Tuesday, 27 February 2007

Forget hi-tech

When I first saw this report a few minutes ago my first thought was: "And the winner of the dumbest idea of the year is..."
I had this vision of colored balloons floating across the demilitarized zone into North Korea, and then being shattered by a barrage of gunfire. What a photo opportunity. What an opportunity for a massive misunderstanding and an "incident." And of course now that they know they are coming, where they are heading, and what they contain -- it makes things so much easier for them to be shot down before they reach their intended target.
But apparently this method has been used before, there were no reported major incidents that I could find on a quick search "korea balloons" -- but at the same time, obviously there is no way of knowing how much impact the previous efforts had.
About all I can say is, good luck!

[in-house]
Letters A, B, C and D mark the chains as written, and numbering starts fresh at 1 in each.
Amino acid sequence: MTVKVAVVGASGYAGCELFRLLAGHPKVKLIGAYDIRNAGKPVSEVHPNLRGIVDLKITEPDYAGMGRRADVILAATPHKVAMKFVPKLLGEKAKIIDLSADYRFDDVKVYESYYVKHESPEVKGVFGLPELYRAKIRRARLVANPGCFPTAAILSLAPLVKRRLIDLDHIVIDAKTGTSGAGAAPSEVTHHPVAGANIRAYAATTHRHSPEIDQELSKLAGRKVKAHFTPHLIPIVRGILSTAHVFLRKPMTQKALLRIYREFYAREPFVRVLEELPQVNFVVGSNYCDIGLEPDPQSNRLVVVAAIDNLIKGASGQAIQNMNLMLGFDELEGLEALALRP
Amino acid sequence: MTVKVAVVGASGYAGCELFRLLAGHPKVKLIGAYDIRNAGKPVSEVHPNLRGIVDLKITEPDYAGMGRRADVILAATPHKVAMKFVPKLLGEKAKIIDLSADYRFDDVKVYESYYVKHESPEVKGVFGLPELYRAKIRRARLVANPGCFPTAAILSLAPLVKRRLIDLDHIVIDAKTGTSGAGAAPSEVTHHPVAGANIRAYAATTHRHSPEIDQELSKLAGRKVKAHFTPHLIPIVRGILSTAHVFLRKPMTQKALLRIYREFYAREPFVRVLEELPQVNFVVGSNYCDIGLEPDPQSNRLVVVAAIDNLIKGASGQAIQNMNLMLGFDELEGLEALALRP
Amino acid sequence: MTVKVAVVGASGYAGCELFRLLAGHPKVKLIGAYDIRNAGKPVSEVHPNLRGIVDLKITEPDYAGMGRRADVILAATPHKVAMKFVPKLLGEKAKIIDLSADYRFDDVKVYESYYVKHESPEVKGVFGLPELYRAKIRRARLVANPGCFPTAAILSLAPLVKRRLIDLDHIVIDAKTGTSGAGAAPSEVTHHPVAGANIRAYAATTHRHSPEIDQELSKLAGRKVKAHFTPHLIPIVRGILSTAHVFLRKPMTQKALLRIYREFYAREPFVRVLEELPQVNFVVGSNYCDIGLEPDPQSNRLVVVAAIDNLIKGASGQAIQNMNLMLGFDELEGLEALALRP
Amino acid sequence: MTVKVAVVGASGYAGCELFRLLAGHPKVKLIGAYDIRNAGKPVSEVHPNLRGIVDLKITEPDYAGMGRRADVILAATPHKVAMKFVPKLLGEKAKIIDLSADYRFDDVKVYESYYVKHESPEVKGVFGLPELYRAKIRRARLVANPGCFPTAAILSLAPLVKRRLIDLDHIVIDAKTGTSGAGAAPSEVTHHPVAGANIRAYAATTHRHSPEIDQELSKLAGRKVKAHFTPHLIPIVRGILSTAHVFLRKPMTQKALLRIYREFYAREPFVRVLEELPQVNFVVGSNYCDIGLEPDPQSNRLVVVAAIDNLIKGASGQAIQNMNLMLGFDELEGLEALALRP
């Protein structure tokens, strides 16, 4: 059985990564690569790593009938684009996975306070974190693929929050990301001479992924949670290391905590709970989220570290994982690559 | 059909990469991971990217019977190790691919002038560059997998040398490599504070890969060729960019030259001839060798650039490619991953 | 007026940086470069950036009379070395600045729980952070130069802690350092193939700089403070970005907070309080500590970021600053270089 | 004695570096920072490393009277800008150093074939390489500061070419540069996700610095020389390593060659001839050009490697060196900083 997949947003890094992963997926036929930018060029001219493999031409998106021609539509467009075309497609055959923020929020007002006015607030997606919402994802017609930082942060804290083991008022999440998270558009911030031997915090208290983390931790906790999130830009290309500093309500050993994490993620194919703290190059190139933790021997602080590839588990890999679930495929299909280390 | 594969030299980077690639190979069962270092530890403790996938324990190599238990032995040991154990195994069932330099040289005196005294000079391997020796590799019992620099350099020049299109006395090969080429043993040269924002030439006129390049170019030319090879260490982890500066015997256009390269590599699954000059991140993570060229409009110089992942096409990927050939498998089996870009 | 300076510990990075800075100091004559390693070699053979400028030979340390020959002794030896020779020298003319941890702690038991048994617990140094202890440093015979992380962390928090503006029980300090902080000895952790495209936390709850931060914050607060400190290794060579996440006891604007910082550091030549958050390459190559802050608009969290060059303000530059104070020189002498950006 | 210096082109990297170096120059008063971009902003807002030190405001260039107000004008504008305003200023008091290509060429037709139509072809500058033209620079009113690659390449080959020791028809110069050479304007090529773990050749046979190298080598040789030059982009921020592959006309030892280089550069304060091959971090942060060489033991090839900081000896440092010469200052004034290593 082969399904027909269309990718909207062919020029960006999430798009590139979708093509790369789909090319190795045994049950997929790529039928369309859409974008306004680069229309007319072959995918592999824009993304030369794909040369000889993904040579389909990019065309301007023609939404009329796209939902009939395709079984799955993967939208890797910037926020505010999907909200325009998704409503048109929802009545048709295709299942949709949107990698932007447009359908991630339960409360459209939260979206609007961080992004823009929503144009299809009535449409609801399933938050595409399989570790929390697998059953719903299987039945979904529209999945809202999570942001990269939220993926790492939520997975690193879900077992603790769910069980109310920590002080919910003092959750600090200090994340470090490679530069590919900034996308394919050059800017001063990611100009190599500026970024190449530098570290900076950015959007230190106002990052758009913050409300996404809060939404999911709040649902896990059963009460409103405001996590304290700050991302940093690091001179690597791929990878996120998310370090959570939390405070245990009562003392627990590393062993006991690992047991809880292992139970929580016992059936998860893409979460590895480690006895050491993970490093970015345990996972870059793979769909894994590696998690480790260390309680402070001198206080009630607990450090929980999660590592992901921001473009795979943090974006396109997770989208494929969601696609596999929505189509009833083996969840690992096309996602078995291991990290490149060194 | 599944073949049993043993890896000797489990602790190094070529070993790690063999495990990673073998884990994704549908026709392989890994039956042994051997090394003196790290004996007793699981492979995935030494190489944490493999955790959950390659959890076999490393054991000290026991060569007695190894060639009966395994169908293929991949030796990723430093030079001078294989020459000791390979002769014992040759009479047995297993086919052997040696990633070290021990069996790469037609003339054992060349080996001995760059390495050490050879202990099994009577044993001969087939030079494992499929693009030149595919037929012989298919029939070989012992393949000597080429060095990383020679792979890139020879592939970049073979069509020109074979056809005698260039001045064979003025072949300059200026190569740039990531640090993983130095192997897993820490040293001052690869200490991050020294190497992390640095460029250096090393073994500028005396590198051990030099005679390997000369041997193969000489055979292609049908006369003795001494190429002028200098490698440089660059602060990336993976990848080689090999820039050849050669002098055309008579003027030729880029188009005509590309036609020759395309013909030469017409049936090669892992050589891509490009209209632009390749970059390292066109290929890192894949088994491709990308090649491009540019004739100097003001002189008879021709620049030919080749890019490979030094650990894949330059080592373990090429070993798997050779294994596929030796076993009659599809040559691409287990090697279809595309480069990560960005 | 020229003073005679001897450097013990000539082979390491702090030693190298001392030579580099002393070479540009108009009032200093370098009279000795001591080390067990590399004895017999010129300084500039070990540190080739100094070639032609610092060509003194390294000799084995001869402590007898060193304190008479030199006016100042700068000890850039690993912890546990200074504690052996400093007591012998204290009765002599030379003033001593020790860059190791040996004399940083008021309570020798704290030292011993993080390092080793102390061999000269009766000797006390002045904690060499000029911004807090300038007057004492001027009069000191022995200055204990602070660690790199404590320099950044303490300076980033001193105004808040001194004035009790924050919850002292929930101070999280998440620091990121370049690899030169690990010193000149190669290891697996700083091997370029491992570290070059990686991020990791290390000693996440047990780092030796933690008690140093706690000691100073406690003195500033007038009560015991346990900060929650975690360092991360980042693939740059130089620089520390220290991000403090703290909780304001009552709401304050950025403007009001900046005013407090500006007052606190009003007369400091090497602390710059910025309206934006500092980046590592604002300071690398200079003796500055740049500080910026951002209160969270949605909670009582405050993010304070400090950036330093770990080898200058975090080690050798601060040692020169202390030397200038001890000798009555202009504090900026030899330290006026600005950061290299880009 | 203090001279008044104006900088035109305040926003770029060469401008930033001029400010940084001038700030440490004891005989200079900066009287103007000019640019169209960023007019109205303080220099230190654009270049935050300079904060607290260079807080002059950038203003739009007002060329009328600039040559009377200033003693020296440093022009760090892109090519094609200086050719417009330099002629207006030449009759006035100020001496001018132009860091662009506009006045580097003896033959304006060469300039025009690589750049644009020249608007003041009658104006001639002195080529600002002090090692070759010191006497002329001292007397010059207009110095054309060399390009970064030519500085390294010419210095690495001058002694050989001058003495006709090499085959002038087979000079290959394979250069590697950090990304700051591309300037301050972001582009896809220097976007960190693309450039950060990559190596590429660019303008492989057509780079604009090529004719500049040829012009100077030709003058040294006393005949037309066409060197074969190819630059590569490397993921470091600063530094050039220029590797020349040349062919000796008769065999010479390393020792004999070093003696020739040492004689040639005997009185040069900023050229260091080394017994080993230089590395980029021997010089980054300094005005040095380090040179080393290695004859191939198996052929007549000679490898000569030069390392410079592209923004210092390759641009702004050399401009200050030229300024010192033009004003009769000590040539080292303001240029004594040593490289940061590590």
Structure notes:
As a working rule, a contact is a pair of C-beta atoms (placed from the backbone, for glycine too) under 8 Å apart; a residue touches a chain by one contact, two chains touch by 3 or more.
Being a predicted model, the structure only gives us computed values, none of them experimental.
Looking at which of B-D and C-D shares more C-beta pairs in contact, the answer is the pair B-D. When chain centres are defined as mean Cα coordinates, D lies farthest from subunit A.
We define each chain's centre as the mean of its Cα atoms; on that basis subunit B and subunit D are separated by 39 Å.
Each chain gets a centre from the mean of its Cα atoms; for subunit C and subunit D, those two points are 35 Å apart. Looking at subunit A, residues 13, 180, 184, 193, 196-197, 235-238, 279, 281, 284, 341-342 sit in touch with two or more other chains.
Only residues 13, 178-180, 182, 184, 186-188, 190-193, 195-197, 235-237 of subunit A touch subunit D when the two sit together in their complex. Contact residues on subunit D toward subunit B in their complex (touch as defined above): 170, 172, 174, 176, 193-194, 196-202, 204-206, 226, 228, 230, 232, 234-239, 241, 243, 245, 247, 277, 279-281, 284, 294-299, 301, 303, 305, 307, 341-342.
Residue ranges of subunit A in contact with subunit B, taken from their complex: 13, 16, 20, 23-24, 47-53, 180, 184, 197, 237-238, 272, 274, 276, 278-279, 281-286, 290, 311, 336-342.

" TOKYO (AP) - A Japanese advocacy group said Tuesday it will use balloons to scatter flyers over North Korea, offering residents a US$10,000 cash reward for information on Japanese citizens kidnapped by the regime decades ago. The Tokyo-based Investigation Commission on Missing Japanese Probably Related to North Korea plans to send the first batch of the balloons from near South Korea's border with the North in late March, according to the group's leader, Kazuhiro Araki. The 5-meter- (20-foot-) long balloons are fitted with simple timers and can be preset to release sacks of flyers over the Pyongyang region, Araki said. The postcard-sized flyers, which are waterproof and printed in Japanese and Korean, call for details on Japanese citizens abducted by communist agents in the 1970s and 1980s.The flyers also offer a cash reward of up to US$10,000 for information on Japanese abductees and urge residents to contact a hot line in Japan or tune in to a radio program the group transmits toward North Korea. The group is preparing to eventually scatter over 100,000 flyers over the isolated regime, Araki said. With no independent radio, television or newspapers and no public Internet access, few North Koreans know what is happening in their homeland, or outside. ``These could be picked up by anyone in North Korea. We want to reach as many people as possible,'' said Araki. ``Our aim is to get information into North Korea, then get information out.'' South Korean private groups have previously used balloons to send flyers and radios to the North. For decades, the two Koreas also used balloons to scatter propaganda leaflets on each other's territories."

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